What you lose is the necessity to be critical of your own value assessments. Actually, you don't lose the necessity; the necessity is still there, but allowing > 101 votes lets you passively lose touch with it unknowingly.
Limiting to 101 votes is a way to discern the best from the good. If there are 500 delegates who I think would add value to the system, and I vote for all of them, I'm basically shoving the responsibility of discernment to everyone else unintelligently.(Slates deal with this shoving of responsibility intelligently, or attempt to at least.)
Let's say you vote for 200 delegates. Let's take a subset of 50, whom are both unelected and not very popular yet. When you look at the 101 delegates getting paid, you realize that you are actually voting for all 101 of them, but those 50 that are not popular yet actually give more value to the ecosystem than the current lower 50. You then think, "I think these lower 50 elected delegates are doing a good job and add value, but these up-and-coming delegates look much more promising. I'm going to drop my votes for the current lower 50 delegates to give a chance for the new ones to move in."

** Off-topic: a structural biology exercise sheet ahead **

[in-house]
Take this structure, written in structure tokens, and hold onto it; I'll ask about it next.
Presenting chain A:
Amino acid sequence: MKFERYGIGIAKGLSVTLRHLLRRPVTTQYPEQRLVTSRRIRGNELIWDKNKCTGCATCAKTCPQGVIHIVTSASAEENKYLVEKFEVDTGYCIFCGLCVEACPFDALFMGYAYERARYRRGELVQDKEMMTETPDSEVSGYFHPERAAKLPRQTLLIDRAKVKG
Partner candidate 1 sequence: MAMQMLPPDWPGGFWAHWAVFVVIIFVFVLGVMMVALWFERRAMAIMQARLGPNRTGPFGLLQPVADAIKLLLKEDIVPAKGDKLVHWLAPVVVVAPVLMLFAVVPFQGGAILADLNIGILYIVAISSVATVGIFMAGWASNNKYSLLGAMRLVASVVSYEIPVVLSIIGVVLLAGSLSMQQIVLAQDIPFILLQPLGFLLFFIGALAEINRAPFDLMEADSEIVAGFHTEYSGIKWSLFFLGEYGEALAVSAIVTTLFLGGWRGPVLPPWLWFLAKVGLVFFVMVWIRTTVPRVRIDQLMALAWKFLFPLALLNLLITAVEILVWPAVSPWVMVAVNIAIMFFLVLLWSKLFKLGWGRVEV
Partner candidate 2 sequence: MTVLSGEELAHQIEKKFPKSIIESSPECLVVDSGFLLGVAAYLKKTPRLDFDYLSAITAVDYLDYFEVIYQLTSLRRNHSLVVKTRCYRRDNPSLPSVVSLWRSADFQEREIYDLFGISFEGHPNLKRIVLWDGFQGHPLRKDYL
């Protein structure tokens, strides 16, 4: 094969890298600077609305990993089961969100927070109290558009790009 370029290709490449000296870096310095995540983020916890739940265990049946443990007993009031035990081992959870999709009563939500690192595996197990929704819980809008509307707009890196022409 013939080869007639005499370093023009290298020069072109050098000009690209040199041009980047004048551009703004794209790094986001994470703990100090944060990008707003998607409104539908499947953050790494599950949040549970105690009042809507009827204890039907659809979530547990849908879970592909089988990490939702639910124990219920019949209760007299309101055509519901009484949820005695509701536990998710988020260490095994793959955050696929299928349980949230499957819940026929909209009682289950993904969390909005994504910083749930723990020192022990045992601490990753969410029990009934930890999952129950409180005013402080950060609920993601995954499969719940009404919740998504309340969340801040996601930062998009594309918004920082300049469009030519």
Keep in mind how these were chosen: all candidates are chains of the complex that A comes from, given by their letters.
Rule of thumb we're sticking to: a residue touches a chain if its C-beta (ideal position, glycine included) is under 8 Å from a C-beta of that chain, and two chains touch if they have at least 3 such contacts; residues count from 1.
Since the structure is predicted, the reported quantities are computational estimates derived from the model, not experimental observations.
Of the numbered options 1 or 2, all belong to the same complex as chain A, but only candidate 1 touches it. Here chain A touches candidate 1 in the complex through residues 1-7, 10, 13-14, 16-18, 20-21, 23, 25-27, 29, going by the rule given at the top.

If you were forced to limit your votes to 101, then this diligence with discernment would have to happen automatically. After hitting 101 approvals, you would have to make value judgements on each new delegate you approve, comparing new approvals to old approvals, pruning out the weakest link. The reality is that only 101 of the delegates we like have the ability to actually be elected, and this needs to be a part of how we vote. What I'm suggesting is that we force this responsibility upon voters so to keep them organized with their value judgements, with the added effect of making a stitch in time to save nine. With the current system, our approval lists will get longer and longer, and this will become more and more of an issue, which will be harder and harder to fix.